Movie Review

Western (2017) by Valeska Grisebach

Original Name: Western

Director:  Valeska Grisebach

Runtime: 100 minutes

Language: German/Bulgarian

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Valeska Grisebach: (1968, Germany) studied Philosophy and German Literature in Berlin, Munich and Vienna. In 1993, she started at the film academy in Vienna, where one of her teachers was Michael Haneke. She has become one of the leading figures of this loose “Berlin School”  movement with only three feature films. Grisebach’s unique method, based on a time-consuming process of story development and pre-production, does away with the customary separation of “writing” and “filming,” naturalism and grand cinematic emotions as well as “professional” and “amateur” actors.

““I grew up with the western genre, sitting in front of a TV set in 1970s West Berlin. I felt the urge to return to it: it captivated me in a profound way. I wanted to grapple with the lonely, melancholic heroes and male mythology it portrays. I was excited by the genre’s modernity – despite all its conservative elements – in its attempt to capture social construction and individual responsibility, yet still fraught with its own contradictions. I was interested in the intimacy of the duel, the inversion of ‘love at first sight’

It takes 12 years for Valeska Grisebach to make another feature film since her 2006 Longing, but she hits gold again with Western, a slow-burn drama about a group of German workers working on a rural Bulgaria village near Greece border. Benefited greatly by its natural approach, Western flows organically and at times you can’t predict what happen next. It’s as if Western, and its main character Meinhard (Meinhard Neumann), just goes with the flow and deals with the situations as they come. While that approach means that at times it’s meandering with no clear purpose, most of the times it feels entirely real. Meinhard, who plays what possibly a version of himself, at first finds himself and his team with the hostile attitude from the local villagers, then finds himself more at home with this strangerland than even his homeland despite the language barrier between him and the local people. His tough face commands the screen, and we follow him every step in his journey to this land. The film further addresses the tension for the alpha-male status between him and the de-facto leader of his group, Vincent.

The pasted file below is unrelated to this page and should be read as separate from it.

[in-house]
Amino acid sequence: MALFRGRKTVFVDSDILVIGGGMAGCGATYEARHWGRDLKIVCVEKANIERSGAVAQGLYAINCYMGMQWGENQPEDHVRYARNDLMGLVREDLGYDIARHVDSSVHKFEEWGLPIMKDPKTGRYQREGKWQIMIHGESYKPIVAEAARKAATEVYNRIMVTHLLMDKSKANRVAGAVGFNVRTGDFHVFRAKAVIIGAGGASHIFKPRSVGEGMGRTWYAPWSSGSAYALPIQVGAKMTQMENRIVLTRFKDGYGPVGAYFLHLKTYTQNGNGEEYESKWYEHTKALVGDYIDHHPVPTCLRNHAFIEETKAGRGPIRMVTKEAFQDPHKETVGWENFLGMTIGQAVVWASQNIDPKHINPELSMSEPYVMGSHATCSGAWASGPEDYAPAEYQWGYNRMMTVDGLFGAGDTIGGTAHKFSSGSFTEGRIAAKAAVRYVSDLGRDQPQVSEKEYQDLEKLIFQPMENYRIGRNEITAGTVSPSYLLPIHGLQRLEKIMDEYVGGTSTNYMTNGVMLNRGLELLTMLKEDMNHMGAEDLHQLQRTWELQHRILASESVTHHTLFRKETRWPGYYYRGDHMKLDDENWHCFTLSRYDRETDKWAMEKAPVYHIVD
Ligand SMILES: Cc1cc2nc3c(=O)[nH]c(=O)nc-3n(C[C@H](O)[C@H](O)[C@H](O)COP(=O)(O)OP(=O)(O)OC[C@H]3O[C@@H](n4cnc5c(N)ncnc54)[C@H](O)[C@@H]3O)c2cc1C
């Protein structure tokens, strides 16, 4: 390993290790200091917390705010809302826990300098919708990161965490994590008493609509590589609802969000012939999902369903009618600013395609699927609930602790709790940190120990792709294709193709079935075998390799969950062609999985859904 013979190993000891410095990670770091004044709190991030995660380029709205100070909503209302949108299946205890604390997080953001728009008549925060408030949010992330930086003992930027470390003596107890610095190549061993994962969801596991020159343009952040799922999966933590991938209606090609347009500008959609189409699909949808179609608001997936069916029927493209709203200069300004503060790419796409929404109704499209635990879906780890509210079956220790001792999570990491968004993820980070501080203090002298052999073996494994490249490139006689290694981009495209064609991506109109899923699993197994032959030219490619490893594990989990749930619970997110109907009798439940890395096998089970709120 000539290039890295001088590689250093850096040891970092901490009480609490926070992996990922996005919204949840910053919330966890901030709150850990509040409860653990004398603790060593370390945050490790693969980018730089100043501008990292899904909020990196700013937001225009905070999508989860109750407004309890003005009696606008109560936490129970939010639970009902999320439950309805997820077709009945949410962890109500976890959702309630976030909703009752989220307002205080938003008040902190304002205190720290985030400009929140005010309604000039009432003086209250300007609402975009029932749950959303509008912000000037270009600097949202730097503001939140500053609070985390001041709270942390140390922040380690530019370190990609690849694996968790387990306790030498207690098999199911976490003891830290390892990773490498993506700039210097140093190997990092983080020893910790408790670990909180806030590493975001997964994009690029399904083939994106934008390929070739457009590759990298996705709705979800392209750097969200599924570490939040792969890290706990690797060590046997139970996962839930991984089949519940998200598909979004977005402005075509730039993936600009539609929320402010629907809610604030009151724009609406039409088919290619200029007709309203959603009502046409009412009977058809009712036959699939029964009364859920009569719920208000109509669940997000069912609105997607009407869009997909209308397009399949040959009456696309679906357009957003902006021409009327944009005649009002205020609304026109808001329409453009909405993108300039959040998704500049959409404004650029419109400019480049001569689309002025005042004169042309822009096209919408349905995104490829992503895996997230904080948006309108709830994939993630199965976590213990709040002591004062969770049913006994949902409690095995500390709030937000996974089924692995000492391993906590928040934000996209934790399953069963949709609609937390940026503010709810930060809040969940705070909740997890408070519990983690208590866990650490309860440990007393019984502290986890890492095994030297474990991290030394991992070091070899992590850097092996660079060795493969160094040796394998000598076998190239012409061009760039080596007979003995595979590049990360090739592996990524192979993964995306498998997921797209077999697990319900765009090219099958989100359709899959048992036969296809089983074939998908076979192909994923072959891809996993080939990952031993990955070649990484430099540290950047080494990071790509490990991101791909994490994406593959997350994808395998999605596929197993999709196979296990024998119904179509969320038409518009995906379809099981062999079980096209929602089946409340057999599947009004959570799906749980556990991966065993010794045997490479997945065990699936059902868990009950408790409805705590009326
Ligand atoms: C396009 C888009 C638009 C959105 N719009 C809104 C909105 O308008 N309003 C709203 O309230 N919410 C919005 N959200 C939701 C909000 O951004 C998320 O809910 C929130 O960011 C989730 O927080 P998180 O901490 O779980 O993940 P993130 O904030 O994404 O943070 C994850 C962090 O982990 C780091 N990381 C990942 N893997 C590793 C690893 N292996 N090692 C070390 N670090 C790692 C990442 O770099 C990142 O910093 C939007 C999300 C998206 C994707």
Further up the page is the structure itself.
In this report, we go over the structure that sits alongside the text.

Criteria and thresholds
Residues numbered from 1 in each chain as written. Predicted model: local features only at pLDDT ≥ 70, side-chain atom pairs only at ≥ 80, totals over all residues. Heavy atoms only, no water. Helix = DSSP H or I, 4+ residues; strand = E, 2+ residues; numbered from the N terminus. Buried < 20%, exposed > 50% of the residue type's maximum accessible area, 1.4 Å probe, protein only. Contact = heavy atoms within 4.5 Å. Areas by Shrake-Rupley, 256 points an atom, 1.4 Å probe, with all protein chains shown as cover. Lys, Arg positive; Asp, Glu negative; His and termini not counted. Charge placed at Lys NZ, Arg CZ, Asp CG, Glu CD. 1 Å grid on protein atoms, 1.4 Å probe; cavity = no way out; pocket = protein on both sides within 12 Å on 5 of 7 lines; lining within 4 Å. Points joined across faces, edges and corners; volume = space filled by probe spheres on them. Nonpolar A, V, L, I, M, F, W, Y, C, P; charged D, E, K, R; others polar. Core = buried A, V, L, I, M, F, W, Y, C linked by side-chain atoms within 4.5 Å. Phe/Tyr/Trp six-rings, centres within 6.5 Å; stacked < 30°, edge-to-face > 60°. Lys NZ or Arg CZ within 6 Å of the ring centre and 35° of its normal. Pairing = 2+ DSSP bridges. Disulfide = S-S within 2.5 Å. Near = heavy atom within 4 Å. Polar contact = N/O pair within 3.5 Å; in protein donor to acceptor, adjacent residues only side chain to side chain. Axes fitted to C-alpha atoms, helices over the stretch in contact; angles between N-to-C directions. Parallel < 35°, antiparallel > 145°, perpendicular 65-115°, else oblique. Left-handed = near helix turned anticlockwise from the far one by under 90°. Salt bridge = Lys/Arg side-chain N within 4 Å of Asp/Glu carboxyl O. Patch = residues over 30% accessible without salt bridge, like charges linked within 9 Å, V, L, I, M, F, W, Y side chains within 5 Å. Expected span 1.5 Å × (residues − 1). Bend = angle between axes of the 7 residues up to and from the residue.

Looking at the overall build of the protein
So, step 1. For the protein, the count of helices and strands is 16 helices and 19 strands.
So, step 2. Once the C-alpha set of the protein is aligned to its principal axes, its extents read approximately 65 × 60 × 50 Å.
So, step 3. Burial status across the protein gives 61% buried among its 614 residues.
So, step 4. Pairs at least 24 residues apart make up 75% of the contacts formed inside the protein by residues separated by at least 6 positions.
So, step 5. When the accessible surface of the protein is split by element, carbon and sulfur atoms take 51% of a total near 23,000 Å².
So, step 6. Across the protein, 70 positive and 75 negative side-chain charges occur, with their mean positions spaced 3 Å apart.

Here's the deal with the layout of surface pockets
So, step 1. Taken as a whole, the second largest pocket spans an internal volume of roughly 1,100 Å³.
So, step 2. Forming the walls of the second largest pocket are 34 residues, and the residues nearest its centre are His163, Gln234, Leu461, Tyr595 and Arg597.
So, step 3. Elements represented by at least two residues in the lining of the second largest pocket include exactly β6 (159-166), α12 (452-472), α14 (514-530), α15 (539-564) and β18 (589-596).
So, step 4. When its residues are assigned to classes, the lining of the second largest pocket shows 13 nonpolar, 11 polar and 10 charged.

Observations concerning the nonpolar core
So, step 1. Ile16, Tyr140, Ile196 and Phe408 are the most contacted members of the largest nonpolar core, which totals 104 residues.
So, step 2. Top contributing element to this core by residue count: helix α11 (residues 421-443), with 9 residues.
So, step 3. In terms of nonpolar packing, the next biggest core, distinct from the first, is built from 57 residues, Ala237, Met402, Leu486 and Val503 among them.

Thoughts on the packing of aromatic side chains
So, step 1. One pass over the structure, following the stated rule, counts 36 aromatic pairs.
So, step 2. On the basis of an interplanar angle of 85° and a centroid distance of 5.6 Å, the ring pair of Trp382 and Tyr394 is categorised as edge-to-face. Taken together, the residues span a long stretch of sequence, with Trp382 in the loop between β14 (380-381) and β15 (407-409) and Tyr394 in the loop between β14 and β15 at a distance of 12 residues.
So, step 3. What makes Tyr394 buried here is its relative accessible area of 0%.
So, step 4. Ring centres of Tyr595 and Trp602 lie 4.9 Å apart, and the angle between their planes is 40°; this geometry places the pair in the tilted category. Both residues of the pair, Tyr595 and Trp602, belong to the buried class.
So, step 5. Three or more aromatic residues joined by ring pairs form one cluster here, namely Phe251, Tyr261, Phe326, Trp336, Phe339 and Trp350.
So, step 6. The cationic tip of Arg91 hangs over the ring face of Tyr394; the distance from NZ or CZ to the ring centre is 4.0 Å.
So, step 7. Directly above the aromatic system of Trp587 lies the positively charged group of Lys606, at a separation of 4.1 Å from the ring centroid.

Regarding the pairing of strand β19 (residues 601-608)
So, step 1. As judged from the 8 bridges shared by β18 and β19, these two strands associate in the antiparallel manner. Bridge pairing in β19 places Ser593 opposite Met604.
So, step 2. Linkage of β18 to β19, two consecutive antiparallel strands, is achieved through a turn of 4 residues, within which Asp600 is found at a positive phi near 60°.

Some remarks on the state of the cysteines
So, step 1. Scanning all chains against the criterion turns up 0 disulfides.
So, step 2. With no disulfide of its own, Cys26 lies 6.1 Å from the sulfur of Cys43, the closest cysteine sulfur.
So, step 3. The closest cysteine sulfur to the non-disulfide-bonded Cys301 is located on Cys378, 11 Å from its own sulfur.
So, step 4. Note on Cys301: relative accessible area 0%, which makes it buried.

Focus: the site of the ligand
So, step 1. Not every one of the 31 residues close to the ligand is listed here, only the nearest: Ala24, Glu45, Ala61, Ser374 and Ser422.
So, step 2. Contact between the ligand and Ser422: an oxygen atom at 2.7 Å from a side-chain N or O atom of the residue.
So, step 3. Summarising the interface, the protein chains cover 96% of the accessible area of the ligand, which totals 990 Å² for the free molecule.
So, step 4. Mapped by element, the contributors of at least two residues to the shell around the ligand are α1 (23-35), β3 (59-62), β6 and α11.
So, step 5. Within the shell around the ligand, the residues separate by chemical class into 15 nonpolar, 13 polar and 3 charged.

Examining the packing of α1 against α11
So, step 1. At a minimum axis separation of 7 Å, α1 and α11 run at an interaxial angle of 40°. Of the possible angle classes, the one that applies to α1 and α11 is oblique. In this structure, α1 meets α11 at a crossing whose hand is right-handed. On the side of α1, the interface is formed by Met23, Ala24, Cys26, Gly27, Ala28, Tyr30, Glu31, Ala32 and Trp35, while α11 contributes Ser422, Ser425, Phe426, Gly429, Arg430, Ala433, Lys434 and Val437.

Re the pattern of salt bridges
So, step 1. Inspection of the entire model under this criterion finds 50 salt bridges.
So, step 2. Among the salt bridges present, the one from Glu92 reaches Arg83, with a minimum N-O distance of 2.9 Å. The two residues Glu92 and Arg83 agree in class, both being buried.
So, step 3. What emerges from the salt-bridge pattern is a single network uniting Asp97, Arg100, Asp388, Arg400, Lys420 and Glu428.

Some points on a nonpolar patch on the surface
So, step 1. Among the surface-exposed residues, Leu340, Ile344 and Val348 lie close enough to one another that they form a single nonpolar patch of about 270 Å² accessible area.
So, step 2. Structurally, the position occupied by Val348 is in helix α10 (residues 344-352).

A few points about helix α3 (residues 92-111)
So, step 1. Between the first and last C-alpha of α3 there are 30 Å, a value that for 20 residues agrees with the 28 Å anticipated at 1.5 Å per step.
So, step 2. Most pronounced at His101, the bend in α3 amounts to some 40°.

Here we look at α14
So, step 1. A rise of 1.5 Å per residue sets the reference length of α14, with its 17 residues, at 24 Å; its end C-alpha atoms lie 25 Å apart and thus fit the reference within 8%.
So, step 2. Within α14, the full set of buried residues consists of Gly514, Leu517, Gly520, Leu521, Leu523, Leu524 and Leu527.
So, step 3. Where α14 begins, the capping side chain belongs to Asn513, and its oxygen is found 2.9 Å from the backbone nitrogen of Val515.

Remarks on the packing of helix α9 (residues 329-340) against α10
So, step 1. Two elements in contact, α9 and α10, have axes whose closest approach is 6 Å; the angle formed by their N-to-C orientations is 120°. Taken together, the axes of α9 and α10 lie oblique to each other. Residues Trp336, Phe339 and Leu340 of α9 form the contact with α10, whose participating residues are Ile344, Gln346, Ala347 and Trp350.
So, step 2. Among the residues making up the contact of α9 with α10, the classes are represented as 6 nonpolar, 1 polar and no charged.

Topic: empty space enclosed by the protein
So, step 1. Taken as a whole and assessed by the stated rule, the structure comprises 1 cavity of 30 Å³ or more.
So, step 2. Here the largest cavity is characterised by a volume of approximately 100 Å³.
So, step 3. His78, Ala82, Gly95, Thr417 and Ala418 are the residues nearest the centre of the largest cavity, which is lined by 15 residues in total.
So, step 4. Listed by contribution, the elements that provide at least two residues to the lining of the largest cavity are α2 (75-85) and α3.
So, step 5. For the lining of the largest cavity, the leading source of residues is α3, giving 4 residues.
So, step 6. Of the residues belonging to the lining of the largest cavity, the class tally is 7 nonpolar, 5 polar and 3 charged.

What the most impressive things about Western is that it deals with many complex themes while telling very little. Our lead Meinhard isn’t the most talkative guy, he tends to observe and blend in to the surrounding. Even literally speaking, he has no mean to converse with the townspeople. Through simple words and gestures, however, they reach to the mutual understanding that makes him more at home to these people than his German peers. In one of the only heartfelt moment where his harden self breaks to reveal Meinhard’s emotions, he talks to Adrian, the localman about how he has nothing to return to in Germany, about the possibility of him killing someone during the war, and about his death brother. Language can be a barrier, but the film proves once again that we, as a human, still have some universal truth that can transcend the limitation of cultural knowledge and languages. Even then, as he gets closer to this town, he still can’t escape the aggressiveness of some people. After all, he’s still an outsider.

Inspired by the Western genre, in which this film is named after. It’s further telling that if we apply the normal Western tropes to this picture, it raises many interesting counterpoints. “I’m not a guy who is into violent”, says Meinhard at one point. Whereas one of the main goal of Western hero is to conquer, and to glorify that “conquering” aspect, Meinhard is a character whose only resort to violence to defend himself, and we don’t know for sure what he’s seeking in this wilderness. The ongoing alpha male conflict between him and Vincent, likewise, threaten with many underlying violence without the actual violence taking place. While shot almost entirely on-location, Grisebach prefers to focus on the cast’s face and their position towards the wilderness surrounding than the landscapes itself. It’s a emotional detached film, but it’s a fascinating character study that defuses (not a direct contrast, hence not an acid-Western) the Western tropes to look for something truer, something more realistic and deeper.

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